Three years ago we touched down in Addis Ababa. I can vividly recall the sounds and the smells. The night was dark and the air cool. The smell of exhaust lingered even though it was late in the evening. As the taxi drove us to our hotel, The Riveria, my head was nearly hanging out the window. I longed for daylight to catch the first glimpse of the African land. There was restless sleep and then we awoke early to the bustle of traffic. We both bounded out of bed to see so many people walking. We could not tell where each was headed but even in the early hours of the morning it seemed people had places to be, their white scarves protecting their heads from the morning air or sun.
There are few words to describe the feelings we all had the day our large van turned down the rocky road headed for the Hannah’s Hope Transitional Home. We were with several other couples all meeting their children for the first time and nobody knew if we should laugh or cry. We prepared cameras, commented on animals in the road and simply tried to breathe. The journey had been so long and then the travel, leaving family behind to venture half way around the world to meet our daughter. I could barely climb the stairs as they ushered us up to the second floor. From there we all took turns couple after couple meeting our children. We photographed each magical moment until it was our turn.
We entered the bright pink room and Almaz motioned for us to sit down on the floor. I found myself scanning the room. Would I know her? Then in an instant she was placed into my arms, our little miracle girl who had already in a few short months endured so much. I looked at her then looked at Bob then looked back at her. She looked into my eyes and smiled. She smiled and I could not contain my tears. How fortunate we were to walk the adoption path no matter the fears, the unknowns and even the losses. She was all I could have ever dreamed when we said yes and I knew my heart would never be the same.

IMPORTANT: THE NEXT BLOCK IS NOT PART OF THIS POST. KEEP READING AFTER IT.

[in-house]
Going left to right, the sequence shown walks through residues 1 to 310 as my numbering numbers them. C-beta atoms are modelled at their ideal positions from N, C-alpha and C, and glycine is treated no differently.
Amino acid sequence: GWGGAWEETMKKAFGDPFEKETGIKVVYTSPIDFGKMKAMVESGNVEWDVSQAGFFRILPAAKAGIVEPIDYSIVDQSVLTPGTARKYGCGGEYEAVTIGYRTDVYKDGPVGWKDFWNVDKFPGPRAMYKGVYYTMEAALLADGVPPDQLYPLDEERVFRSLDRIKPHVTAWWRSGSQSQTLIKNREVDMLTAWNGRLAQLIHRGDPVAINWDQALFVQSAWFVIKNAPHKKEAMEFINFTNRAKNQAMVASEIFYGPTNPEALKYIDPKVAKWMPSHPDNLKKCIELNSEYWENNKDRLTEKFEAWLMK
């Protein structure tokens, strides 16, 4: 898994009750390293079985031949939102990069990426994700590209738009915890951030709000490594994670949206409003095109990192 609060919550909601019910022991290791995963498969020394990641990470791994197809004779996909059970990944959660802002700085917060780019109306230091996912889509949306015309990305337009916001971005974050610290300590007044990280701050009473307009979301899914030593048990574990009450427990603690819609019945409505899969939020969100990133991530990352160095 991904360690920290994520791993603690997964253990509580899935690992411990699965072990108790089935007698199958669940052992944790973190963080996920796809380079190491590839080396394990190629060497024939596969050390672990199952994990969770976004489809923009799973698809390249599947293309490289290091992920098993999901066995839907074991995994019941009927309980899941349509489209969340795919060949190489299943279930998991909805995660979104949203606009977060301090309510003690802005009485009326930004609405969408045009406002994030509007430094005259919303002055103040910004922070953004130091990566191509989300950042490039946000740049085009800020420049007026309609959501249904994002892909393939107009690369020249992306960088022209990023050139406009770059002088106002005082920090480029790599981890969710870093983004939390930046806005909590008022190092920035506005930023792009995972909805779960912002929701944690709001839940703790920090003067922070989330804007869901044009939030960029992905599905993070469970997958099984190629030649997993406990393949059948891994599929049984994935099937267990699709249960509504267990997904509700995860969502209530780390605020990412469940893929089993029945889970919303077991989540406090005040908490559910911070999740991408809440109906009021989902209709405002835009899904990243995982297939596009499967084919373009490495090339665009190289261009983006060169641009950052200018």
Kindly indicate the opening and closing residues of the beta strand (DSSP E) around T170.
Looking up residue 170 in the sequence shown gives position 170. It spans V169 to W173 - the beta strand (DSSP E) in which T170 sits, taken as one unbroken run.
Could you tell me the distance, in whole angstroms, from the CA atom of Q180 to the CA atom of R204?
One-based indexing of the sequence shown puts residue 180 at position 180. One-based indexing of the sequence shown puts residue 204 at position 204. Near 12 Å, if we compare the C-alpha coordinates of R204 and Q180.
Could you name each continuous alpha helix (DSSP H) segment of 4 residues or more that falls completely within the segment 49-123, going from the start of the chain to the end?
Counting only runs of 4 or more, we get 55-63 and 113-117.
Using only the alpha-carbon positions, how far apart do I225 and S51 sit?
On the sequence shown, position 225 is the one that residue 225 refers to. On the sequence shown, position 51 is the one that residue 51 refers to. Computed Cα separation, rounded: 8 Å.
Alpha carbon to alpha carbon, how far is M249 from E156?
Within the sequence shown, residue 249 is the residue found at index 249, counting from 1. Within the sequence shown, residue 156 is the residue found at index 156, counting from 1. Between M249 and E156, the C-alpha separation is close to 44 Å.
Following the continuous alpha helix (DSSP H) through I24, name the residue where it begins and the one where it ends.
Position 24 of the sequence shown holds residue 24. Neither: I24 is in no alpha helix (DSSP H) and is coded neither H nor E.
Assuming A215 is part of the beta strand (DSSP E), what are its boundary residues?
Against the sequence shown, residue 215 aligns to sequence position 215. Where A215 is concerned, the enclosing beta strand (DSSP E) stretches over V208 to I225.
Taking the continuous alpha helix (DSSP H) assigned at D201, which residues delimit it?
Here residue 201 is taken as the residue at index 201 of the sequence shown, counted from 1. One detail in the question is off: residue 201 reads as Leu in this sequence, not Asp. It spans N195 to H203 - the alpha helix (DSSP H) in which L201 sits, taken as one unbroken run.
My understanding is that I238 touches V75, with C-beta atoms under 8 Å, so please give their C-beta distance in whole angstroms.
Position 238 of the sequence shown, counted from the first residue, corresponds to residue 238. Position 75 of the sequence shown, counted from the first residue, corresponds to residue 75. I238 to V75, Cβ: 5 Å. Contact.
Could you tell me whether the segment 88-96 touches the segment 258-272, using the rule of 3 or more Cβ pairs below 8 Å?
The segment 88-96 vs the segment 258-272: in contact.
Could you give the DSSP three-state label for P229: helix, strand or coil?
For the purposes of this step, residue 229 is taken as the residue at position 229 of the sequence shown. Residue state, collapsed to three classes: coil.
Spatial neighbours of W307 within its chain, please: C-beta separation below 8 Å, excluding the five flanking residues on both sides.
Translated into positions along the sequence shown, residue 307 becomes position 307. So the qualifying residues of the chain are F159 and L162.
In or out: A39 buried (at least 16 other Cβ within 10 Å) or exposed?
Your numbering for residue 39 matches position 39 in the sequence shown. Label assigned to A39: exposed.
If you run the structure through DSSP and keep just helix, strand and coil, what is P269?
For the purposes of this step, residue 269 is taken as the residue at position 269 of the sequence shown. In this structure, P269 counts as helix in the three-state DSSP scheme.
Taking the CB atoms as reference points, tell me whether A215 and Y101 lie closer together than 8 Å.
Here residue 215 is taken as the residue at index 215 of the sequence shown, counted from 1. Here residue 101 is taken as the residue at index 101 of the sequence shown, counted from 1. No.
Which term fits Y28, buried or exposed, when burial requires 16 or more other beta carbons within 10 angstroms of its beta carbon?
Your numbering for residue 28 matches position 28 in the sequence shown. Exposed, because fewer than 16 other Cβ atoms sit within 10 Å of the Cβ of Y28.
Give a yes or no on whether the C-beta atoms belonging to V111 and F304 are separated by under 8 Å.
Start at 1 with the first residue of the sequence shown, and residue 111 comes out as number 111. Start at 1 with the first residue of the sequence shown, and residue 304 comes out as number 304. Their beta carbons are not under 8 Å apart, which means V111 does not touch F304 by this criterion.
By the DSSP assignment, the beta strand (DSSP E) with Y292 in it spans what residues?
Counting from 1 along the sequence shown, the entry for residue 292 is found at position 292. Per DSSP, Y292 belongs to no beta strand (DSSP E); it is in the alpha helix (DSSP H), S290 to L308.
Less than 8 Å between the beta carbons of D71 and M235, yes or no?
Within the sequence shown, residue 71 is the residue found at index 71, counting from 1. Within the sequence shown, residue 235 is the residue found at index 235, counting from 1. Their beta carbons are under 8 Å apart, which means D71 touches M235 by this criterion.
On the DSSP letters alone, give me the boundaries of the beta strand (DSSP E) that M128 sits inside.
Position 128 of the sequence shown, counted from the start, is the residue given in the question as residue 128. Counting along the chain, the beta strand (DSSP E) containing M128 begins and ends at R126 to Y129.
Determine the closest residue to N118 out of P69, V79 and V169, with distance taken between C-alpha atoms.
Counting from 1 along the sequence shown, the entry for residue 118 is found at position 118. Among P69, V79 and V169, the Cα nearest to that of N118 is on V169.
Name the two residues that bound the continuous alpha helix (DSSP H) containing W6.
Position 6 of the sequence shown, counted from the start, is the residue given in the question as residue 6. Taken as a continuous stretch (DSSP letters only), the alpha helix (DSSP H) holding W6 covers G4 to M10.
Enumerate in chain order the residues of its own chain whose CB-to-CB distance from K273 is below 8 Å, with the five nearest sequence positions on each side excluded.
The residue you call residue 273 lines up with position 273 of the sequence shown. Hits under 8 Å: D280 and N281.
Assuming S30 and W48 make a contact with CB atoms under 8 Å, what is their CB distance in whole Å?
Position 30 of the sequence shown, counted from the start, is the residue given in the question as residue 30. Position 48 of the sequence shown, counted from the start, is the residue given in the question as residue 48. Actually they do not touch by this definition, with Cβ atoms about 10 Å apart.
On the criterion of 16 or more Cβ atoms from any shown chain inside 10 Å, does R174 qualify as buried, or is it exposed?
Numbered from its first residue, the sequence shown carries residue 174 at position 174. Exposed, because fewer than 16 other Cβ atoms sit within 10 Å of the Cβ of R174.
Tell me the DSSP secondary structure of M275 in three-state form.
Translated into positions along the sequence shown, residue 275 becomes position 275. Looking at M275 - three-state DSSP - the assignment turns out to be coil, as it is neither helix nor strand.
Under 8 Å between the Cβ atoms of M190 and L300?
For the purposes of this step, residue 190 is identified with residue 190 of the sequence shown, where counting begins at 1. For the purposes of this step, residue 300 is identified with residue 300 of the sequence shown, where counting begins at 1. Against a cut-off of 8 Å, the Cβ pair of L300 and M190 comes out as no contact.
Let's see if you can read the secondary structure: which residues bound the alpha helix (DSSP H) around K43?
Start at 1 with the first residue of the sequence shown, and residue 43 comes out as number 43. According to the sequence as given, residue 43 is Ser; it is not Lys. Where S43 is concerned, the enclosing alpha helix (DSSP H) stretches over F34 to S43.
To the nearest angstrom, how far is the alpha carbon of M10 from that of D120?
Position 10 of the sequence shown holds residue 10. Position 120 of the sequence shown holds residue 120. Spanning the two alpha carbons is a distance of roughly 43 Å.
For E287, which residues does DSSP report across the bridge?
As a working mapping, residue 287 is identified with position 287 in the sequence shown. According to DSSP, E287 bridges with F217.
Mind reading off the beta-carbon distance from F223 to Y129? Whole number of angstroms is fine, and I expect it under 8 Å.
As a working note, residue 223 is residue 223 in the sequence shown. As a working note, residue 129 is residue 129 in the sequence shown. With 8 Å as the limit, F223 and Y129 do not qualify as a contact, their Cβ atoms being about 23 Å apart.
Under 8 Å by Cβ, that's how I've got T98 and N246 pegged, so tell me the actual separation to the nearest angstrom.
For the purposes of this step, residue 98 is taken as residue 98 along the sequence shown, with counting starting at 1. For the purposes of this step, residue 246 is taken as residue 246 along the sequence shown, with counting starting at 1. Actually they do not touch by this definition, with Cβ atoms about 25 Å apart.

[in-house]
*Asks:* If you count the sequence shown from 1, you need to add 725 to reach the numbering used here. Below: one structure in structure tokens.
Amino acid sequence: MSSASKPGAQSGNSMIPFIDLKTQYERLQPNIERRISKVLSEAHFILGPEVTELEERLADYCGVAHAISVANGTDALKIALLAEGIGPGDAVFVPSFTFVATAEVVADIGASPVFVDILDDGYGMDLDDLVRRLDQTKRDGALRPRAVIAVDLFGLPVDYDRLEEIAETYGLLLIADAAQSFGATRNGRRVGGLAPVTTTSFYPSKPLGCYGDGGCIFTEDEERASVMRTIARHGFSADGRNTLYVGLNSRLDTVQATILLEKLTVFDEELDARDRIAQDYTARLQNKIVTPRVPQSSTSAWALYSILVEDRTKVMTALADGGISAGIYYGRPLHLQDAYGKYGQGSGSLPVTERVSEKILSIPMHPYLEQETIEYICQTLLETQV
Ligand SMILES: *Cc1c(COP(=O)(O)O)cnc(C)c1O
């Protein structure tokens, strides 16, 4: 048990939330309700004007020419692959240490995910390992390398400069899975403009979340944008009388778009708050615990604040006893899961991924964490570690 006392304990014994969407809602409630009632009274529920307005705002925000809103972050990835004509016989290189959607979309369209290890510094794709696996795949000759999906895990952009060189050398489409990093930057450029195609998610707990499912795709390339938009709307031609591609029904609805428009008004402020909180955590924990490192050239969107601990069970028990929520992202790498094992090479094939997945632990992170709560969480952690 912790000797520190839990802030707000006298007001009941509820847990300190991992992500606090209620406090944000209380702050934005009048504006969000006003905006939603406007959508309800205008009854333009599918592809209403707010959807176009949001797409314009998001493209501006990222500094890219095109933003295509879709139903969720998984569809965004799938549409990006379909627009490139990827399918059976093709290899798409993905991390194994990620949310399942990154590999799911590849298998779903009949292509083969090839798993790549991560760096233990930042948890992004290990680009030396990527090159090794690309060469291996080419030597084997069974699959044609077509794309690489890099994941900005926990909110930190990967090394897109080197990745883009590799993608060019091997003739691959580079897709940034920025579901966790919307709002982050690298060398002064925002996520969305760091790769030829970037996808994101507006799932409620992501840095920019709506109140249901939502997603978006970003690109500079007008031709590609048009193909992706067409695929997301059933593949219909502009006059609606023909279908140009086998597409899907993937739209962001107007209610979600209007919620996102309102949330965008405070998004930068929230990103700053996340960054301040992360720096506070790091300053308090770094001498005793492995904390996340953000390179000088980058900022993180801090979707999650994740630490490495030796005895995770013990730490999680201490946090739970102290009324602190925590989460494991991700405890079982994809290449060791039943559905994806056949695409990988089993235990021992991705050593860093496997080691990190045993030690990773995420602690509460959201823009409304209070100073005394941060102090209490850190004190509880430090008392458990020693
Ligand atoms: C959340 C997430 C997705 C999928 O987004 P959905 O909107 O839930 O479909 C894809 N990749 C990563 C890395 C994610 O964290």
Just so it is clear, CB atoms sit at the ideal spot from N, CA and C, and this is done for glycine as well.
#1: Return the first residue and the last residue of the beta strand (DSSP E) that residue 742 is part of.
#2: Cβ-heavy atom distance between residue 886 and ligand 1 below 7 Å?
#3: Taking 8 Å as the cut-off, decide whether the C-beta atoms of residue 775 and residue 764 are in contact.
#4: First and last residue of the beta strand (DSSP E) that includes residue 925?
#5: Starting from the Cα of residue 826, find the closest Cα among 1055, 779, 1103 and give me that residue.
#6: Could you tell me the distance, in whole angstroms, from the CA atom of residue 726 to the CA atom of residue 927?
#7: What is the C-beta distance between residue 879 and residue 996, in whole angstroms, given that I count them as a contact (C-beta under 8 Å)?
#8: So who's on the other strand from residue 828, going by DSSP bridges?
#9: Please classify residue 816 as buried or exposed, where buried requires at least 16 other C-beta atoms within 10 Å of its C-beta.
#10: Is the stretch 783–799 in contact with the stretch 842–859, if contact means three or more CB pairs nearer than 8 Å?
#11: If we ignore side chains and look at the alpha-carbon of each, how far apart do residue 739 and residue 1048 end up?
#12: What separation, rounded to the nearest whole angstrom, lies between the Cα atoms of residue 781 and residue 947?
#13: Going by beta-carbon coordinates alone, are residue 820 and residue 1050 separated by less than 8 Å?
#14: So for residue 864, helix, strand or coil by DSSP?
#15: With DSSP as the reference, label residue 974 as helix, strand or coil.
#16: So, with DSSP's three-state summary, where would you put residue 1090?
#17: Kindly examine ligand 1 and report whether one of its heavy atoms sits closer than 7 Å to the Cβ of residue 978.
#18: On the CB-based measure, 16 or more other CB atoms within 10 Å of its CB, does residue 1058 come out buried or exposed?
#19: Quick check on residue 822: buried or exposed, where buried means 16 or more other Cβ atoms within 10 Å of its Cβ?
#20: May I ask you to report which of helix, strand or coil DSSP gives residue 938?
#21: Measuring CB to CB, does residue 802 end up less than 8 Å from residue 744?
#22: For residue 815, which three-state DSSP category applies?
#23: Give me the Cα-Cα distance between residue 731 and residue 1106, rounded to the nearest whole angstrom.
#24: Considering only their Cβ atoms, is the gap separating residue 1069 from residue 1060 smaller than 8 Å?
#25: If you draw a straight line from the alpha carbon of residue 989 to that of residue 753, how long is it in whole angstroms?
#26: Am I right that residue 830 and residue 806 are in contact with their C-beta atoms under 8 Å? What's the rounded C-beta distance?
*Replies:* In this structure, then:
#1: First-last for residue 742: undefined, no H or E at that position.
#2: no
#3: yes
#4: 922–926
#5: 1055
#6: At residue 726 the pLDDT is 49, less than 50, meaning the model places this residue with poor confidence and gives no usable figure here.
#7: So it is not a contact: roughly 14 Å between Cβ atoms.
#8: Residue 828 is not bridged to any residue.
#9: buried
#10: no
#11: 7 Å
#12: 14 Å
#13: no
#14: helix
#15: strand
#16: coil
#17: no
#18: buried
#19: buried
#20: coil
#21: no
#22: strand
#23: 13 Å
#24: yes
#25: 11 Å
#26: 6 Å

Now three years later she is a bright light to all who meet her. She is witty and smart, remarking often about things children far beyond her years might not even grasp. She is social and silly, holding my face while I read to her at night and working hard to get me to laugh while she plants kisses all over my face. She is a charmer this girl. She is aware and already wonders about black, white and tan. Now she is telling us that she is perfect in the eyes of God no matter her color. She is playful and thrives on the interaction with other kids, never wanting to miss a moment with her neighborhood or school crew. She is a Mama’s girl and in the last few months she has taught me so much about the role of a mother in a young girl’s life. It’s a huge responsibility and one where I teeter between loving all things pink and fancy and reigning her in from caring too much about looks and clothing. Everything I say matters these days and she is forever remarking that someday she will be a Mommy like me. No pressure or anything!
Tonight I watched her lay flat in the bathtub and swish her hair back and forth with just her eyes, nose and mouth above water. I was smiling from ear to ear when she said, “what Mommy?” My words did not come. I could only smile bigger and then we both began to laugh aloud together. She is happy and healthy. She is living the life God intended even though there are days I have no idea exactly how to explain it. Adoption is so crazy amazing and I am blessed every day by the love Ava has brought to our hearts and our home. Three years has flown by. You, sweet Ava, are extraordinary and we can hardly wait to watch you smile and shine your way through the next three years. We love you.